Hi Mr. Hale,
A Carolina rig is basically used with a plastic worm that will float up off the bottom. The basic version of the rig has a swivel, a sliding bullet sinker, a red glass bead, and a 24-to-30 inch leader attached to the hook. The plastic worm of your choice is then 'Texas-rigged' to the hook. Some people leave the hook exposed if they are fishing open-structure free water.
The Texas rig originally was used and excelled in deepwater with sparse cover. Carolina rigs are a little harder to cast, but when it's drifted or slowly trolled, it will keep the plastic worm down in the strike zone. There are many variations of the Carolina rig.
The basic Carolina rig consists of a piece of monofilament leader with a hook at one end and a swivel at the other. The Eagle Claw Series 042 Wide Bend Hook is a favorite of many fishermen. The slightly wider bend of this hook holds live baits and chunks of natural or bio-baits well. With the offset at the point, it has a good hookup ration on most inshore fish, including flounder. Any small, high-quality swivel will work; A ball-bearing swivel is not necessary.
The sinker is an egg or bullet sinker that is threaded on the line to the reel, then tied to the other eye of the swivel. It is not pegged and may slide along the line. The lightest sinker that will take the bait to the bottom is preferred. In many situations, a half-ounce is all that is needed. A bead between the sinker and the swivel is optional. The original purpose for the bead was to avoid chafing on the knot, but many fishermen believe the sinker striking the bead produces an audible click that can attract fish.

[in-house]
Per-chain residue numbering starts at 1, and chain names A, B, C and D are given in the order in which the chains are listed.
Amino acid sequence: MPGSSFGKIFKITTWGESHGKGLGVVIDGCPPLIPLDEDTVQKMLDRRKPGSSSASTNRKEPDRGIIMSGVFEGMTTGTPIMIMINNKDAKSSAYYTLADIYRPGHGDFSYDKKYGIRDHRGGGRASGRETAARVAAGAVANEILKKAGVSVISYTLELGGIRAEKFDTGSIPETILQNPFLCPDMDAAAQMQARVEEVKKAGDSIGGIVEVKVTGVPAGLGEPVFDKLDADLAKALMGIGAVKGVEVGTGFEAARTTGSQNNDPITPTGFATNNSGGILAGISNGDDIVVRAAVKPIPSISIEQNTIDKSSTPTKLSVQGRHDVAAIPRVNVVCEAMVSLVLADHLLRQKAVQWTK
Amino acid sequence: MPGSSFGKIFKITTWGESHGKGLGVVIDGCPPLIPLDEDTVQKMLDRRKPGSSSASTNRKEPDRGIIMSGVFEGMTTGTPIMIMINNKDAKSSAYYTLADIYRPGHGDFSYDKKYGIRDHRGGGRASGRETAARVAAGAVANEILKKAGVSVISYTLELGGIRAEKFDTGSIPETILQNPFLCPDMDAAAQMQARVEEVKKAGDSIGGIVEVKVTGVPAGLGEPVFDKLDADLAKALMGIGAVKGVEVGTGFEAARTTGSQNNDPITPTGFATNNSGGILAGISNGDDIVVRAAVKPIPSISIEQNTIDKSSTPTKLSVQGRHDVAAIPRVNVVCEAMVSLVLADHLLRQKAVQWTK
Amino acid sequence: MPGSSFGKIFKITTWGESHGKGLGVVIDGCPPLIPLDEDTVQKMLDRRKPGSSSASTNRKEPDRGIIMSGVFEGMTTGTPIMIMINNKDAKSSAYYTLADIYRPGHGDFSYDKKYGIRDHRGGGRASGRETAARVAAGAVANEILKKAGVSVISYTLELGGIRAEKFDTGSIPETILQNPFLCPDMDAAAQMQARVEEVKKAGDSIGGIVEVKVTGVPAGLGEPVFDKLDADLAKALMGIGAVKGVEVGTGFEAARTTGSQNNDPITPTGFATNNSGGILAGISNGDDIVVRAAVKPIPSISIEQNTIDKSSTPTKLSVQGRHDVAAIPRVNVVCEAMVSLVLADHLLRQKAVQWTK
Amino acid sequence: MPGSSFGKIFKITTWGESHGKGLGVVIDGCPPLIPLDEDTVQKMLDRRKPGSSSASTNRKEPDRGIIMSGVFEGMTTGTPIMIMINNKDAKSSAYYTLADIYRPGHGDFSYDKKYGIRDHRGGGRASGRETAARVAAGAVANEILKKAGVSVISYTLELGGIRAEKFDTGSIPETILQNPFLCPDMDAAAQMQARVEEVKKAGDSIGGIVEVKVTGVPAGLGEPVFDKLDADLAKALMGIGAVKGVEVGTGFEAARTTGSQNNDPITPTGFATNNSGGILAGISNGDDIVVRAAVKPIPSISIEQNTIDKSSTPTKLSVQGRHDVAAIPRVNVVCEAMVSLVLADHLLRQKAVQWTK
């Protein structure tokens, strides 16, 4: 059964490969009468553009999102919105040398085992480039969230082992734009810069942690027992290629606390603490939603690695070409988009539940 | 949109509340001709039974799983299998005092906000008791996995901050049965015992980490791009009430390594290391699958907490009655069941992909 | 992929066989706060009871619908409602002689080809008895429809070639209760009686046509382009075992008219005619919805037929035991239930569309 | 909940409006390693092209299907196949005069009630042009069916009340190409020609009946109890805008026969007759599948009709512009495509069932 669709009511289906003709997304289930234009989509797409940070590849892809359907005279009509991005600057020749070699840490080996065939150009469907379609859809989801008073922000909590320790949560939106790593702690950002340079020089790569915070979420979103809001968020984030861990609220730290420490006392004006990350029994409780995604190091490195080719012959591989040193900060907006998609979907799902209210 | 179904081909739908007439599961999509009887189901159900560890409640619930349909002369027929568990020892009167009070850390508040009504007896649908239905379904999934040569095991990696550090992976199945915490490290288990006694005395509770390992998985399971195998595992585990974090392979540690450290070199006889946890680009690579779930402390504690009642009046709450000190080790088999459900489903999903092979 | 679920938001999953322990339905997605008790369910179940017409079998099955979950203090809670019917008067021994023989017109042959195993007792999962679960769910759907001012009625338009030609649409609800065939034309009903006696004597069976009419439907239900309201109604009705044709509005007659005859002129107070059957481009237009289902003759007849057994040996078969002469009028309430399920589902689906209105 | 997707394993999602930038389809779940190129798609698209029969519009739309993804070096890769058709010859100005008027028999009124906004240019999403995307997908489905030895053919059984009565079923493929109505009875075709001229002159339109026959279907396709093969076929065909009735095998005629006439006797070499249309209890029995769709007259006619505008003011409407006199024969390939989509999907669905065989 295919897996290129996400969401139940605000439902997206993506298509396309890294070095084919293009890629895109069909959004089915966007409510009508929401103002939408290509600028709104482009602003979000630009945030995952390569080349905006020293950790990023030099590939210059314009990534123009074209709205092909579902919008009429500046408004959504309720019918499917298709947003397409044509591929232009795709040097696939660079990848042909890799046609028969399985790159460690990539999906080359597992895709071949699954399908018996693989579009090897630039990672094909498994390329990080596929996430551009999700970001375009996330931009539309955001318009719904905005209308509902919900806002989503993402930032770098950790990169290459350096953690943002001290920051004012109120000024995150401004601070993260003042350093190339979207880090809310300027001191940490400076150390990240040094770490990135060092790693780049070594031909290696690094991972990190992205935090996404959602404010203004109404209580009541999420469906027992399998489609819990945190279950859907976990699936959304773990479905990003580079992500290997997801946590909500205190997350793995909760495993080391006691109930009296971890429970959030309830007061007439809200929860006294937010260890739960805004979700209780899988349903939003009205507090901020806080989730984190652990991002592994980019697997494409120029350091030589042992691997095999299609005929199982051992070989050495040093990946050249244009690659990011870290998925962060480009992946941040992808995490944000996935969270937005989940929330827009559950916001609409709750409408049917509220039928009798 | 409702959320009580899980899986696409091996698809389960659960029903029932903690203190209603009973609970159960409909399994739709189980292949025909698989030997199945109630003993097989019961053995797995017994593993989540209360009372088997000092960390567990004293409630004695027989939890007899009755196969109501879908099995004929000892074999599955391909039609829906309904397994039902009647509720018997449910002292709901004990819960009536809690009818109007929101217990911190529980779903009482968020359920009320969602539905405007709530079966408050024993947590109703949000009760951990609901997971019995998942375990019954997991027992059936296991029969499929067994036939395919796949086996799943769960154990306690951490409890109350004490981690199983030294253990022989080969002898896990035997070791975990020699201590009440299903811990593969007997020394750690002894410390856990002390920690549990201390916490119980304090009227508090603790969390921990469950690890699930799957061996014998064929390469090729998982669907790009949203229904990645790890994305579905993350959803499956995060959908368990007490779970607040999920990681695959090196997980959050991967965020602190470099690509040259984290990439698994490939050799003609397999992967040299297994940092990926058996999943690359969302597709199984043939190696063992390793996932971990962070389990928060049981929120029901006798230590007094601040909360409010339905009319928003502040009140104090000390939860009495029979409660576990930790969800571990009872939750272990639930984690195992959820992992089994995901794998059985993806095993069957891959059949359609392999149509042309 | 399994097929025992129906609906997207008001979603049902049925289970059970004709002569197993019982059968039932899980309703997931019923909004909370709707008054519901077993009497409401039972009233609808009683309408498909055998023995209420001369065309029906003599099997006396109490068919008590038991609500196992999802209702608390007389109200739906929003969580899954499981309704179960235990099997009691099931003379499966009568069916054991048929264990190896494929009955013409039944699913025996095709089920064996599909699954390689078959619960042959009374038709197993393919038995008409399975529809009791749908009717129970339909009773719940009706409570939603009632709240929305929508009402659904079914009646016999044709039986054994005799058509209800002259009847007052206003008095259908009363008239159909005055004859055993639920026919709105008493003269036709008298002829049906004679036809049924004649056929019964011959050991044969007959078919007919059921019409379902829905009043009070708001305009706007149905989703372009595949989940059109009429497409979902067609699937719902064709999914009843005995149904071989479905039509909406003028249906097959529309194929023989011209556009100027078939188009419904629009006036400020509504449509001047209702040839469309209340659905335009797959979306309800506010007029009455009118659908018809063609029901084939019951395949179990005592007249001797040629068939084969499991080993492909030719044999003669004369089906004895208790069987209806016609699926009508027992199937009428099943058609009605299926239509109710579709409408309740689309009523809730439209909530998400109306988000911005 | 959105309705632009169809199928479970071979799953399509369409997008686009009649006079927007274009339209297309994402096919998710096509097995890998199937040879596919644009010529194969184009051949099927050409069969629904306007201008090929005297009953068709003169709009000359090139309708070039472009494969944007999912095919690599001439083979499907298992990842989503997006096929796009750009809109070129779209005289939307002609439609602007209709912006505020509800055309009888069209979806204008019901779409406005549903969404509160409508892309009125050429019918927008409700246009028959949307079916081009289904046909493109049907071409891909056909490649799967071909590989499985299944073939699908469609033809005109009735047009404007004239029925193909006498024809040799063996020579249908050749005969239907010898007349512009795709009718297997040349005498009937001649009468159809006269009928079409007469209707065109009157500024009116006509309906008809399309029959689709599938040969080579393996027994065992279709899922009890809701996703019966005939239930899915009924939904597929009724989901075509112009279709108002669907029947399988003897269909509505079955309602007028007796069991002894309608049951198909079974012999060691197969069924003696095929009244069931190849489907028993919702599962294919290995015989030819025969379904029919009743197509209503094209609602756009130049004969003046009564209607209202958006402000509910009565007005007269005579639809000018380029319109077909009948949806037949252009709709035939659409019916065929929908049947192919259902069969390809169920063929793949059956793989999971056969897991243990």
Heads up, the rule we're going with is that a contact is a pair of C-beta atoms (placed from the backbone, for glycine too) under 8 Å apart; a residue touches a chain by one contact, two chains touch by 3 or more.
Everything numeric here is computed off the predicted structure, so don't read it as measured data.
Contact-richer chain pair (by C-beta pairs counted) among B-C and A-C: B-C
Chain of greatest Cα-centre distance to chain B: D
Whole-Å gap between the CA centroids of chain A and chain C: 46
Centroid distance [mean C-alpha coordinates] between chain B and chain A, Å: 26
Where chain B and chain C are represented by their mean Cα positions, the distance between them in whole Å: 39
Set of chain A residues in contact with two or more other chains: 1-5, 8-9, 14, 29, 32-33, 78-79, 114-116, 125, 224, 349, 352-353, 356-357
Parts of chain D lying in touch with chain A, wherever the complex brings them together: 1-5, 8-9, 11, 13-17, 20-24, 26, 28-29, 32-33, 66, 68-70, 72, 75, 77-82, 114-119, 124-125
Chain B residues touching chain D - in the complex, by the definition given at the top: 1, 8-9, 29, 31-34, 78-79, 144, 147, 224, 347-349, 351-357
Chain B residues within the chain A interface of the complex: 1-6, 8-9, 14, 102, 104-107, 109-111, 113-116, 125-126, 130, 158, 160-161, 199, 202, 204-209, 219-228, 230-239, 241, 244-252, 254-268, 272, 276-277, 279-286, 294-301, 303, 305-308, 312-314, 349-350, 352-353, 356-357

One of the first variations of the Carolina rig used a second bead or one of several variations of clackers to produce noise. Brass beads are the loudest, followed by glass, with plastic last. A variety of clackers are available; many have internal noise making properties.
Clackers or beads are rigged between the weight and the swivel, producing noise when the weight slides back as it is being jigged off the bottom. The noise causes fish to look, and then they see the puff of sand and the fluttering bait.
How to Use the Carolina Rig
Using a Carolina rig also effectively slows down your presentation which is useful in cold-water. Two very important things that will make your Carolina rig more effective are:
A.) Skin-hooking your Texas-rigged worm.
B.) Have an absolutely super-sharp hook.
I modify my Carolina rigs quite a bit. An example would be using a shorter leader with the lighter one used to 'finesse float' the bait, or even changing the type of weight I use on the rig. Sometimes I use an egg sinker instead of the bullet weight. There are times I even use a split-shot for the weight.
You can also use a casting plug or live bait instead of the plastic worm. You can add a rattle to your plastic worm or lure, and even add scent. Changing the leader length will determine how high the plastic worm floats off the bottom.
I attached what a Carolina rig looks like in a diagram.
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